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Welcome to Juan Manuel’s section!

“Ambiente Familiar” Mitrovica Danza Contemporánea (Mexico City) Dirección: Andrea Chirinos Intérpretes: Lilian Coffen, Luis Díaz, Nadia Lartige, Lilian Muller, Andrea Chirinos

Scholars, hi!

Welcome to the space of the nobodies and the forgotten! I’m Juan Manuel. I will be your GSI for summer 2017. As of three weeks ago, I am a fourth-year Ph.D. candidate in performance studies. My work examines choreography and contemporary dance across the United States-Mexico borders.  My current research project gives specific attention to Mexican contemporary choreographers working in cities such as Mexico City, Los Angeles, and San Francisco. I just started my field work this year; that is, I am out and about conducting interviews with choreographers, watching performances, listening to debates about performance theory and aesthetics in Mexico City, and watching a lot of dance films/shows in dark spaces with strangers that I will never know. My future project will examine the role of the dance quebradita in non-traditional, migrant receiving cities such as New Orleans, Salt Lake City, and Omaha. Qubradita was a dance genre popular among working-class migrants in the United States and the rural populations in Mexico.

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Promotional image for the Colombian film for Los Nadie (2016).

For this blog, I am choosing the theme “the nobodies.” I decided to take inspiration from the 2016 film Los Nadie (The Nobodies). The film follows a group of punk youth in the barrios of Medellín, Colombia. They use juggling, friendship, and punk music as a way of life. This story charts my personal interest into the spaces and forms of belonging where the nobodies and the forgotten hang out. I grew up undocumented in Utah. As a working-class Mexican existing outside of the legal bounds of political citizenship and at times below the poverty line, my sense of belonging  was informed by being considered the worst threat to the imaginary of “America.” I consumed television, performances, and music that gave me a sense of belonging to the nobodies and anybody’s: the working-class labor force in and outside of Mexico. I watched telenovelas ( Marimar), listened to Mexican rock/punk (Rebel’dand Mexican banda (El Mexicano), and cried repeatedly while watching films such as Los Olvidados (The Young and the Damned) (1950), West Side Story (1961), and Macario (1960).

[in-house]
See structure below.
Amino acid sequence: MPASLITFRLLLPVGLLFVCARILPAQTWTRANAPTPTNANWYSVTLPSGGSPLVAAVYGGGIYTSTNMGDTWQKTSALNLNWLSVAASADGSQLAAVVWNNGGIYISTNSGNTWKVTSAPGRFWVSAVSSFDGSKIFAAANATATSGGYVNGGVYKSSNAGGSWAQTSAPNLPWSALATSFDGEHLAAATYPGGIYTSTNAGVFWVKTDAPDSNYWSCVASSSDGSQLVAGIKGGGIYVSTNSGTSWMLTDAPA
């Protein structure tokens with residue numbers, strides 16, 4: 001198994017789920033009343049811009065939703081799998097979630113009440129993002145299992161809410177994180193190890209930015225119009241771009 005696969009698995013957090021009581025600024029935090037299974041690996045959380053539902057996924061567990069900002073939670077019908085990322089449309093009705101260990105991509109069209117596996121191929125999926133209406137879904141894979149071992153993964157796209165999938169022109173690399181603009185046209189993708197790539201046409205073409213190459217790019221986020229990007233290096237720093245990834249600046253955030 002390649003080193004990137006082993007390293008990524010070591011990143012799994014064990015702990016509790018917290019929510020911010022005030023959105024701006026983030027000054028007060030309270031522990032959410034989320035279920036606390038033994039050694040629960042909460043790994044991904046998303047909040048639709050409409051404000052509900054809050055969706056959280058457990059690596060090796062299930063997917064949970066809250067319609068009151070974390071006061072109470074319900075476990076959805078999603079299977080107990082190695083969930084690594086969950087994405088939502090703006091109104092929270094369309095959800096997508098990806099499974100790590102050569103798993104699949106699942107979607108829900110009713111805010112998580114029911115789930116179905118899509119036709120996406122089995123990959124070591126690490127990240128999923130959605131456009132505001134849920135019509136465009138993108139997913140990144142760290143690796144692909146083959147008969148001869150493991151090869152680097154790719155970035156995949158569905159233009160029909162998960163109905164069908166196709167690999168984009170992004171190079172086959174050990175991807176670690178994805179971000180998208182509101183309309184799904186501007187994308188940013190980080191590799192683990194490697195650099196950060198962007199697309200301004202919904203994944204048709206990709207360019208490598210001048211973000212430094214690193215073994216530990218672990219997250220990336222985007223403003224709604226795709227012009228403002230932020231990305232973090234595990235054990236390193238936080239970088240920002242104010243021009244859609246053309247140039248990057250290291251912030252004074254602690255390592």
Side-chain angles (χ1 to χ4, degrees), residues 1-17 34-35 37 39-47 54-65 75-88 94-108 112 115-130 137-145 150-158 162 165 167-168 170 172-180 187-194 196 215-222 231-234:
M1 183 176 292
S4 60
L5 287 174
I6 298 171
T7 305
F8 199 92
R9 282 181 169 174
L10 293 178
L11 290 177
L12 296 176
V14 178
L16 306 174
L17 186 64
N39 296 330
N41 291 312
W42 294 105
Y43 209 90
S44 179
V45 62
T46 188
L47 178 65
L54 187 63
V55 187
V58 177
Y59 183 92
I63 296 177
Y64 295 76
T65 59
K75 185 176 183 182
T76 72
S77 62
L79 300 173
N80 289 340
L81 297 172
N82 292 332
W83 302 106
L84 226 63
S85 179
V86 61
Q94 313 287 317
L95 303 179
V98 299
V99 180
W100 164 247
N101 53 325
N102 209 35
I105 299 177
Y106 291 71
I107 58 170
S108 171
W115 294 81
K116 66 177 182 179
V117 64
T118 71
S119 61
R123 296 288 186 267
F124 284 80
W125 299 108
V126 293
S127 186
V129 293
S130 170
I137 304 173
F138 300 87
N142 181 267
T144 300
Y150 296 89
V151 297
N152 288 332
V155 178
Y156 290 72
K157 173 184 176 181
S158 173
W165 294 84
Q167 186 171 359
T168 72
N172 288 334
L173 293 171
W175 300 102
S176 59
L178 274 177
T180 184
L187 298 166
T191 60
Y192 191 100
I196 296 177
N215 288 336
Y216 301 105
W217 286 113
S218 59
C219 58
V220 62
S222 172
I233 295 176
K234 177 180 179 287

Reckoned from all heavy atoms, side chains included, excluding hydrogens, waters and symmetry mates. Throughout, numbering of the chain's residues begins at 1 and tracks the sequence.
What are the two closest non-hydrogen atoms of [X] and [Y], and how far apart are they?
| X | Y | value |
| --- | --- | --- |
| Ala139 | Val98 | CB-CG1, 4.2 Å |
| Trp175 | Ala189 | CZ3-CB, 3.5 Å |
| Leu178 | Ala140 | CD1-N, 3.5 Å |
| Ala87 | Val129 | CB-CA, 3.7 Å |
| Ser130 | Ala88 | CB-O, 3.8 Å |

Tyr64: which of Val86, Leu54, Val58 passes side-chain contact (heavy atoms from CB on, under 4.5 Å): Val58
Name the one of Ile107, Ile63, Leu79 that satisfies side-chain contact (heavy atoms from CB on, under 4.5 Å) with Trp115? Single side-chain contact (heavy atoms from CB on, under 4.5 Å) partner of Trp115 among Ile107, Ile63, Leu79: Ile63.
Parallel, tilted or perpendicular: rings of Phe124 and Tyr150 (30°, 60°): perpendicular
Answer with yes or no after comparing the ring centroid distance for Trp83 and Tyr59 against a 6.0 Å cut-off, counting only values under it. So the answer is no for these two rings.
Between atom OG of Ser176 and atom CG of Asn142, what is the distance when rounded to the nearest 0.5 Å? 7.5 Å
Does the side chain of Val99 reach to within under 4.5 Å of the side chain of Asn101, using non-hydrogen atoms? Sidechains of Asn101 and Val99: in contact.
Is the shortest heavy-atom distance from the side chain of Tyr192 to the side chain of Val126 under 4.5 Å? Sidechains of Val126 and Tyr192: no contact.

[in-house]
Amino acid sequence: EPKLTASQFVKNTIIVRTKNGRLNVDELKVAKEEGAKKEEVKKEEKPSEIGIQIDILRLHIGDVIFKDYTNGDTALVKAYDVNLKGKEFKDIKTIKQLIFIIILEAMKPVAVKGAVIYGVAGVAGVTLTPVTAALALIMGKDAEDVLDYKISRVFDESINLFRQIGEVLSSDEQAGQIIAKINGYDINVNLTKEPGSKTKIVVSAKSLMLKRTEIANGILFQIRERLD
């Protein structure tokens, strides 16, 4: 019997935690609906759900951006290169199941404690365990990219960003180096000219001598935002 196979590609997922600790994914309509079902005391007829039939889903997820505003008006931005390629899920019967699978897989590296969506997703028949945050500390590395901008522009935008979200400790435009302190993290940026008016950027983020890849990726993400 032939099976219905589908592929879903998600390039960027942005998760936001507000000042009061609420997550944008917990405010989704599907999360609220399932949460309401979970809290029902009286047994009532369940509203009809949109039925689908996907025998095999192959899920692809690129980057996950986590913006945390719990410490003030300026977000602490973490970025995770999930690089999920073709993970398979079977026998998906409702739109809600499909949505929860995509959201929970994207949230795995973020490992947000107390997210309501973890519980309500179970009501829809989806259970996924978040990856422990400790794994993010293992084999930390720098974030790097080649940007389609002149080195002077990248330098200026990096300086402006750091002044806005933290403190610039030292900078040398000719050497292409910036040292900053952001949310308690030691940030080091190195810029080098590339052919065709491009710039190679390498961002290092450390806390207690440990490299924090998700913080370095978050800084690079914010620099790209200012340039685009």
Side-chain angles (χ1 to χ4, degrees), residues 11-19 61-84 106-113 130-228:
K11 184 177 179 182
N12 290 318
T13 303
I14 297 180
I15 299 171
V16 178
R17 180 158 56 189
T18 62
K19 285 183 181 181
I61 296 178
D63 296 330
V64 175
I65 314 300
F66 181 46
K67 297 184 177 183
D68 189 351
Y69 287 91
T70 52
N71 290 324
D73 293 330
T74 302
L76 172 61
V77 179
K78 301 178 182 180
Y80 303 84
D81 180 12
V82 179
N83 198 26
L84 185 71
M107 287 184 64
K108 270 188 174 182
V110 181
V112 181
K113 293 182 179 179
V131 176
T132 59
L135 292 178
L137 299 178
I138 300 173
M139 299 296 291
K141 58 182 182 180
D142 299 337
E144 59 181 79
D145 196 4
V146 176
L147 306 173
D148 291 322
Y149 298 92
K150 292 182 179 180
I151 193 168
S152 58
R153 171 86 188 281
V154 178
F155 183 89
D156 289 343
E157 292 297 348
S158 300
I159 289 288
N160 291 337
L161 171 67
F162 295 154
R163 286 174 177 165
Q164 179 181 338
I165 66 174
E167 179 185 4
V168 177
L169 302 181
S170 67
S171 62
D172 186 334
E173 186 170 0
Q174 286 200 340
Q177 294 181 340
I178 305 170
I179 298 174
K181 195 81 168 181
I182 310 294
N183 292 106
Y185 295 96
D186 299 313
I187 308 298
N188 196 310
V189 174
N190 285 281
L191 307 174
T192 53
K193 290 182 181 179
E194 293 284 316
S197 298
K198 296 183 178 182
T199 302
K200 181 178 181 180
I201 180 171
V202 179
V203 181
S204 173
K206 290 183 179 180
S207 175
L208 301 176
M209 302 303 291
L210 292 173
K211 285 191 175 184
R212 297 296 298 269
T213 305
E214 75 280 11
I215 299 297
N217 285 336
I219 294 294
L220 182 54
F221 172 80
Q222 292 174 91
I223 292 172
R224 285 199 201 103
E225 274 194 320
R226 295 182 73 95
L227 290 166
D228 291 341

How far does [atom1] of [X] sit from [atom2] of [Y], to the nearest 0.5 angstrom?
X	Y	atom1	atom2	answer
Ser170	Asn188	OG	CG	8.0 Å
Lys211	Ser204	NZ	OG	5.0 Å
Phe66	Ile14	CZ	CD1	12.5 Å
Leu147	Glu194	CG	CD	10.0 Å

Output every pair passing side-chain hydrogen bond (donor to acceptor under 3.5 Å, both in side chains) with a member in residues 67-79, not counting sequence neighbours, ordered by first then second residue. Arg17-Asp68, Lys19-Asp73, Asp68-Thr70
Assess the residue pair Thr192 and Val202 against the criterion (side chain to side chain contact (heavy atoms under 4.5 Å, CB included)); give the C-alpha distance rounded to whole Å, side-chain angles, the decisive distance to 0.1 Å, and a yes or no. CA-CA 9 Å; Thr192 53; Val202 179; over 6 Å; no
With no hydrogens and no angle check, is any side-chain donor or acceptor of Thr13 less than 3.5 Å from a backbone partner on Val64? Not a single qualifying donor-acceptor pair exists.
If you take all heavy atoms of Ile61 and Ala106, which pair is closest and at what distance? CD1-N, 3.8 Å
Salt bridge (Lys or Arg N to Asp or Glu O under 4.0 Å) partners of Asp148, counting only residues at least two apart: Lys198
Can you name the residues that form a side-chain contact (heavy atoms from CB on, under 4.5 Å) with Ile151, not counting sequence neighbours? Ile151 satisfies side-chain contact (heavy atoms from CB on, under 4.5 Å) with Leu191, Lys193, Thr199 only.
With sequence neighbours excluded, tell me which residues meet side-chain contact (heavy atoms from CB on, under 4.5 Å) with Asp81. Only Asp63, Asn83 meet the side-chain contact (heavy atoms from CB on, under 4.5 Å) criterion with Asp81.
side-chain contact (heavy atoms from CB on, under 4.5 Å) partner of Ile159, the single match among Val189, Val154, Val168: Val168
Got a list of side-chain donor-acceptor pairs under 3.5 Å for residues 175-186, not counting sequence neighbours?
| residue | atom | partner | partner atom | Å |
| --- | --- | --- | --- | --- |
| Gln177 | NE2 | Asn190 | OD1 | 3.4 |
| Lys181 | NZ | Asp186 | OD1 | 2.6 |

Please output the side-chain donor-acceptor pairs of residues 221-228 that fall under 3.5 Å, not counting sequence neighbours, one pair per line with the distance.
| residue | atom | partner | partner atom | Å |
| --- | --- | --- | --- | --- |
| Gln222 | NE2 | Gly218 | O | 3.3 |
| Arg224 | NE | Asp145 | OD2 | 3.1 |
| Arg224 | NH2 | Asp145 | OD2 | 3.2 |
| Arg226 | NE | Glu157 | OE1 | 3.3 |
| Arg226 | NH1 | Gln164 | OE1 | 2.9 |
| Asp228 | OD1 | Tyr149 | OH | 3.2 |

Pina Pellicer in a still image from the film Macario (1960).
Pina Pellicer in a still image from the Mexican film Macario (1960).
Anybody's wants to be part of the Jets. West Side Story (1961)
Anybody’s wants to be part of the Jets. West Side Story (1961)
A still image from the performance Amarillo (2009), produced by the Mexico City-based company Linea de Sombra.
A still image from the performance Amarillo (2009), produced by the Mexico City-based company Linea de Sombra. The story follows the many nobodies that try to enter the United States from Mexico.

When I am not watching a performance or writing about a choreographer, I spend my time on Netflix watching the London-based show Chewing Gum. The show is written by and stars Michaela Coel, who plays Tracey, a working-class girl who lives in a municipal housing project. I look forward to working with you as we examine television, social media, and performance. We will work together through this labyrinth of nobodies, anybody’s, and the forgotten to understand how power works through the intersections of gender, race, sexuality, faith, and class.

Promotional image for the series Chewing Gum
Promotional image for the series Chewing Gum

 

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